President Donald Trump on Sunday sent out an irresponsible and flat-out wrong tweet that once again shows his total ignorance on the issue of climate change
In case you hadn’t heard, snow is falling out of the sky in the Midwest and Northeast U.S. and parts of Canada.
Trump, who has repeatedly cast doubt on the existence and effects of climate change, wasted no time in deliberately confusing Americans on the difference between climate and weather.
“Amy Klobuchar announced that she is running for President, talking proudly of fighting global warming while standing in a virtual blizzard of snow, ice and freezing temperatures,” Trump tweeted on Sunday afternoon, mocking Sen. Amy Klobuchar (D-Minn.) for launching her presidential campaign in wintry conditions in Minnesota. “Bad timing. By the end of her speech she looked like a Snowman(woman)!”
Trump has made light of cold weather multiple times in recent months, suggesting that winter weather in certain parts of the country somehow contradicts global warming.
Experts have repeatedly noted that President Trump continues to confuse the climate and weather.
As NASA so helpfully explained, weather is the way the atmosphere behaves in the short-term. Is it cold and raining outside your window? That’s the weather.
The difference between weather and climate is a measure of time. Weather is what conditions of the atmosphere are over a short period of time, and climate is how the atmosphere “behaves” over relatively long periods of time.
When we talk about climate change, we talk about changes in long-term averages of daily weather. Today, children always hear stories from their parents and grandparents about how snow was always piled up to their waists as they trudged off to school. Children today in most areas of the country haven’t experienced those kinds of dreadful snow-packed winters, except for the Northeastern U.S. in January 2005. The change in recent winter snows indicate that the climate has changed since their parents were young.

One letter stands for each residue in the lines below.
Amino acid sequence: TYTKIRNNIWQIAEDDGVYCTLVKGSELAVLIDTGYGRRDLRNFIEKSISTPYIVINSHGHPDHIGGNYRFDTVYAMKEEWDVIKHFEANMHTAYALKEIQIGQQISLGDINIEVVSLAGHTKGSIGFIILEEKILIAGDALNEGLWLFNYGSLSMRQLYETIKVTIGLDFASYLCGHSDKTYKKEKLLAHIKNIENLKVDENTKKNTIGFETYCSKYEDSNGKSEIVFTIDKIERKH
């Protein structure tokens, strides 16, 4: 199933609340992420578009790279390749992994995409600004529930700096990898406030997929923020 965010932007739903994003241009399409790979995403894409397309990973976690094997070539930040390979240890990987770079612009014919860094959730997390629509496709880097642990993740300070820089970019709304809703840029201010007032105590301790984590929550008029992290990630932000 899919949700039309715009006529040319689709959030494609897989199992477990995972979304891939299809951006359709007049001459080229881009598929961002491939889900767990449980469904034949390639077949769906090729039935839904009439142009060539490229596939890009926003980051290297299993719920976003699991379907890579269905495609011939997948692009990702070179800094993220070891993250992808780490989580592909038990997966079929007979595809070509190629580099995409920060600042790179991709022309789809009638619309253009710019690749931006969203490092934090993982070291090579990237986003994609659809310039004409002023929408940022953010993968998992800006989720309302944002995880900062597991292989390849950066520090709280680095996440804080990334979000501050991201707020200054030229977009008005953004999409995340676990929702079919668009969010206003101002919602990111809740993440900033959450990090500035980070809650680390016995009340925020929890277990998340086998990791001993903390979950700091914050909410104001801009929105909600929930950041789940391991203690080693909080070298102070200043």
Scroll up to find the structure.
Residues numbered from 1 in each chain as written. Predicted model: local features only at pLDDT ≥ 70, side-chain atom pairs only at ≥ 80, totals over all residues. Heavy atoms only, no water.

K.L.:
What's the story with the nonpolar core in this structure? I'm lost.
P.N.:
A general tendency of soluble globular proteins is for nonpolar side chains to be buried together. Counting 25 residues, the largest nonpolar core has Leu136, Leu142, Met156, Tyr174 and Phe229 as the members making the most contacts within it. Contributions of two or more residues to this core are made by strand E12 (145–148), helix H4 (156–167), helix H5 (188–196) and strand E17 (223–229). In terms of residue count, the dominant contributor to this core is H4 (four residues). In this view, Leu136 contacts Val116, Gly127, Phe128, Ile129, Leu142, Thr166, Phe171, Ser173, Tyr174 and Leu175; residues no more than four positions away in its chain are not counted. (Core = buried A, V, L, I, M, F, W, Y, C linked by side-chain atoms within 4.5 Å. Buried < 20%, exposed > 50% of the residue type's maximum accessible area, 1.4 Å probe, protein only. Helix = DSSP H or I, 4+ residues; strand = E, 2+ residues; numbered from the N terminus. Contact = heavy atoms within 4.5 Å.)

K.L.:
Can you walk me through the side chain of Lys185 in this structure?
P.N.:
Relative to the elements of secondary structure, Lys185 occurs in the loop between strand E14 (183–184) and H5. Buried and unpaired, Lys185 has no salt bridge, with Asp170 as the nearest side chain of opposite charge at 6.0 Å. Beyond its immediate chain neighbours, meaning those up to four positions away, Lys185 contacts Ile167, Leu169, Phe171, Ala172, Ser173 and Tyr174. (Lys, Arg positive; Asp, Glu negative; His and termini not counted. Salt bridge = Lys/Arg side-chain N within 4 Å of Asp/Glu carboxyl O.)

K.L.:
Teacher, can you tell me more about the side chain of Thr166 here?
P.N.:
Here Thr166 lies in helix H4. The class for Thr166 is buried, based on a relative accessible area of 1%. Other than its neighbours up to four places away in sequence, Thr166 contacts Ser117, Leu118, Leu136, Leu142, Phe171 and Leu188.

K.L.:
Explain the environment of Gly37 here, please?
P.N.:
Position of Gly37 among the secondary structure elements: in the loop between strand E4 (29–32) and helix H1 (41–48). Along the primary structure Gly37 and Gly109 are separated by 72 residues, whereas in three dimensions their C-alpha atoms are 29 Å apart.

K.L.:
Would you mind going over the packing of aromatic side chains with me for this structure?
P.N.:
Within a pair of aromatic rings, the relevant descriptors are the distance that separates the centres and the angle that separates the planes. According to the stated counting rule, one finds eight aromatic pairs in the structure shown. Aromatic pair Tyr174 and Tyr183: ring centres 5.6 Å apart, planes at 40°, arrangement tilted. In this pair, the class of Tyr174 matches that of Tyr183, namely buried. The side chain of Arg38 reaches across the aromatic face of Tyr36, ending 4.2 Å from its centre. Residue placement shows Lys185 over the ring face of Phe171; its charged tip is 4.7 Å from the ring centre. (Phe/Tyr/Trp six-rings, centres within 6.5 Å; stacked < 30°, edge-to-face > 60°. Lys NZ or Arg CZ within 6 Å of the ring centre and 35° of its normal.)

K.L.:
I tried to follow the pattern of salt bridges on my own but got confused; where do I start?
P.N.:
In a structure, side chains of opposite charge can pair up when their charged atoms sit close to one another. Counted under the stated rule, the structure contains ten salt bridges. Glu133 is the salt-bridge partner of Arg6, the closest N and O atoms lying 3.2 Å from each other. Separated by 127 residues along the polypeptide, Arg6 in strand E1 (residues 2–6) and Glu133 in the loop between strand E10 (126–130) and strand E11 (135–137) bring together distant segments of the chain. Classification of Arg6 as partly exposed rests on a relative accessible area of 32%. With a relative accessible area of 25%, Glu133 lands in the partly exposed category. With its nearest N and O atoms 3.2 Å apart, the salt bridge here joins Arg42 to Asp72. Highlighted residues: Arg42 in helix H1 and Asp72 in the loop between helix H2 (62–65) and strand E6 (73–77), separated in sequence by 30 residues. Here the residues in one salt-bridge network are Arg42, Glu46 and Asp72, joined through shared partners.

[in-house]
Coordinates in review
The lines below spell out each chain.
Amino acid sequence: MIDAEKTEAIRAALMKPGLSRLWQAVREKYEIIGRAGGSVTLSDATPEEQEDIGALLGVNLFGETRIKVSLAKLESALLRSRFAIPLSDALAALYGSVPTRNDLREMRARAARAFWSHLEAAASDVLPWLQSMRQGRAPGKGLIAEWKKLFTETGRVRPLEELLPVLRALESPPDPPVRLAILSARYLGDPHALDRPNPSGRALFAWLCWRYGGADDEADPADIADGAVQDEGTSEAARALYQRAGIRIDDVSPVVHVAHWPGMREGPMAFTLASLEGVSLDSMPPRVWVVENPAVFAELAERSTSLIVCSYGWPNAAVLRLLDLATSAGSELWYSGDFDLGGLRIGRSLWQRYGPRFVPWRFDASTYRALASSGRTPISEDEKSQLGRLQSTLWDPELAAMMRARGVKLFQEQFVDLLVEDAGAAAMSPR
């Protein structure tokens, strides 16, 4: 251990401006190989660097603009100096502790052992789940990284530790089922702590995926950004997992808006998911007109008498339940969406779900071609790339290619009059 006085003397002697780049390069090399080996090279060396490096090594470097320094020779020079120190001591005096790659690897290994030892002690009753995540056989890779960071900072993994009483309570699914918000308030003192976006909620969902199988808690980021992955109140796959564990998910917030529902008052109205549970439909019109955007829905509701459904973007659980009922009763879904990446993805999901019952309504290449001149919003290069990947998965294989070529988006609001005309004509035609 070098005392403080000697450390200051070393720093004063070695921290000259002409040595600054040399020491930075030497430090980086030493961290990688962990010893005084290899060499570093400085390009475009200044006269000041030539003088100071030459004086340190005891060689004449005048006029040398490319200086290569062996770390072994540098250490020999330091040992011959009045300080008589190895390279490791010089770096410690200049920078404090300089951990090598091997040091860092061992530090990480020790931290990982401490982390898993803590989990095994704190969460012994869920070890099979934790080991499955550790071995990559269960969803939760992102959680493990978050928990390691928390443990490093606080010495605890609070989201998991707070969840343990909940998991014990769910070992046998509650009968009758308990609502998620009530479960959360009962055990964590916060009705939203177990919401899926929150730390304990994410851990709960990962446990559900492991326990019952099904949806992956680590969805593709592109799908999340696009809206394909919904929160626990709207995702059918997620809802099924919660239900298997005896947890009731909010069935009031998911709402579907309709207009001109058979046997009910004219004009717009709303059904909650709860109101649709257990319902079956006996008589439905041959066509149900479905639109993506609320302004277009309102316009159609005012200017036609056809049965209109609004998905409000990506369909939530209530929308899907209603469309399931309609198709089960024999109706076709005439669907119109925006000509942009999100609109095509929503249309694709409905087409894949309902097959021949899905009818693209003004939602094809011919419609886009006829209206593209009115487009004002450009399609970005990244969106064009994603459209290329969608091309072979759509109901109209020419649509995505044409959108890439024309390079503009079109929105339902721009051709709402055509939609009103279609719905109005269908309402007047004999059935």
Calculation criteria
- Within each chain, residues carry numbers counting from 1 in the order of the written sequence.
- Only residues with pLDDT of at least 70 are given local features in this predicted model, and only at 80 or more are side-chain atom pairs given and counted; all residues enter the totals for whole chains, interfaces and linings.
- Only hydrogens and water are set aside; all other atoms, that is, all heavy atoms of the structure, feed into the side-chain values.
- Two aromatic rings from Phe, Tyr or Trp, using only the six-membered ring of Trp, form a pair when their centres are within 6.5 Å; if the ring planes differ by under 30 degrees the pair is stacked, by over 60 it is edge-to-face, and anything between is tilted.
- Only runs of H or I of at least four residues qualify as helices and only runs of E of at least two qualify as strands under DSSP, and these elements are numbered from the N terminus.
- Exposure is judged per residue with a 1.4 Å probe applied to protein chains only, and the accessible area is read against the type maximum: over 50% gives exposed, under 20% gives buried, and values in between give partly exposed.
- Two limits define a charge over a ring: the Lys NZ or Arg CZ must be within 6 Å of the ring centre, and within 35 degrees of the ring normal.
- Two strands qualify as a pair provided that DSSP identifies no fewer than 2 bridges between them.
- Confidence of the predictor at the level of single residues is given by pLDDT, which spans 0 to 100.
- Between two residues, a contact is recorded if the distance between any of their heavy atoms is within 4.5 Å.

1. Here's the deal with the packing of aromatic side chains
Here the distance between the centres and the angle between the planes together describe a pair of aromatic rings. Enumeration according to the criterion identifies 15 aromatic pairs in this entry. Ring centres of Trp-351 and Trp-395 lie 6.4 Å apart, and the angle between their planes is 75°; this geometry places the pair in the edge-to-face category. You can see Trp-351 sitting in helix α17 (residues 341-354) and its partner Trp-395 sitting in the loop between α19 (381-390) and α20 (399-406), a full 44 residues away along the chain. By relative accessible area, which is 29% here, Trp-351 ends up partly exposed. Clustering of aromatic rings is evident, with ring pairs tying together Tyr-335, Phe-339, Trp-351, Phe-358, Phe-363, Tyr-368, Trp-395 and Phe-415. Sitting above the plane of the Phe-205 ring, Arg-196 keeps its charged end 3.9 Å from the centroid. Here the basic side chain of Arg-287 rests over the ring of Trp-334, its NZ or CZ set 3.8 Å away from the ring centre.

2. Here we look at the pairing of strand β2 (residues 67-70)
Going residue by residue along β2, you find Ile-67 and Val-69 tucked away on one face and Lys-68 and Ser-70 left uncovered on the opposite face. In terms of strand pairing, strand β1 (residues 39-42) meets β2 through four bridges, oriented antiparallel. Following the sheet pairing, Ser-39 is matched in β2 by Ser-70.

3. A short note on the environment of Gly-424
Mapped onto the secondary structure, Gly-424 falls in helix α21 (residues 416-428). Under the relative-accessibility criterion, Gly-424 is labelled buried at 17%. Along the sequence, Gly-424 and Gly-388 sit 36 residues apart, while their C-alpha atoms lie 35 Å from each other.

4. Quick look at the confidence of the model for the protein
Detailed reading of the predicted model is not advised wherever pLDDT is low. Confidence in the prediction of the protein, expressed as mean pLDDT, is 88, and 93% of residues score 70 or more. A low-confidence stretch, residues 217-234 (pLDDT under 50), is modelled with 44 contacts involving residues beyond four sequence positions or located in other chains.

If summers seem hotter lately, then the recent climate may have changed. In various parts of the world, some people have even noticed that springtime comes earlier now than it did 30 years ago. An earlier springtime is indicative of a possible change in the climate.
January 2019 was Australia’s hottest-ever month on record going all the way back to 1910, according to the monthly climate review released by the Bureau of Meteorology (BOM). It followed the hottest December on record for Australia, reports ABC Australia.
And just last week, an independent analysis by NASA and the National Oceanic and Atmospheric Administration (NOAA) found that the Earth’s global surface temperatures in 2018 were the fourth warmest since 1880.
Global temperatures in 2018 were 1.5 degrees Fahrenheit (0.83 degrees Celsius) warmer than the 1951 to 1980 mean, according to scientists at NASA’s Goddard Institute for Space Studies, or GISS, in New York. Globally, 2018’s temperatures rank behind those of 2016, 2017 and 2015. The past five years are, collectively, the warmest years in the modern record.
The year 2018 “is yet again an extremely warm year on top of a long-term global warming trend,” said GISS Director Gavin Schmidt.
It’s official! According to @NASAGISS & @NOAA, Earth’s 2018 global surface temperatures were the fourth warmest since 1880, with warming trends strongest in the Arctic region 🌡️. Stay on top of the trends at: https://t.co/oyaJrze27T pic.twitter.com/fSkYmG720m
— NASA (@NASA) February 6, 2019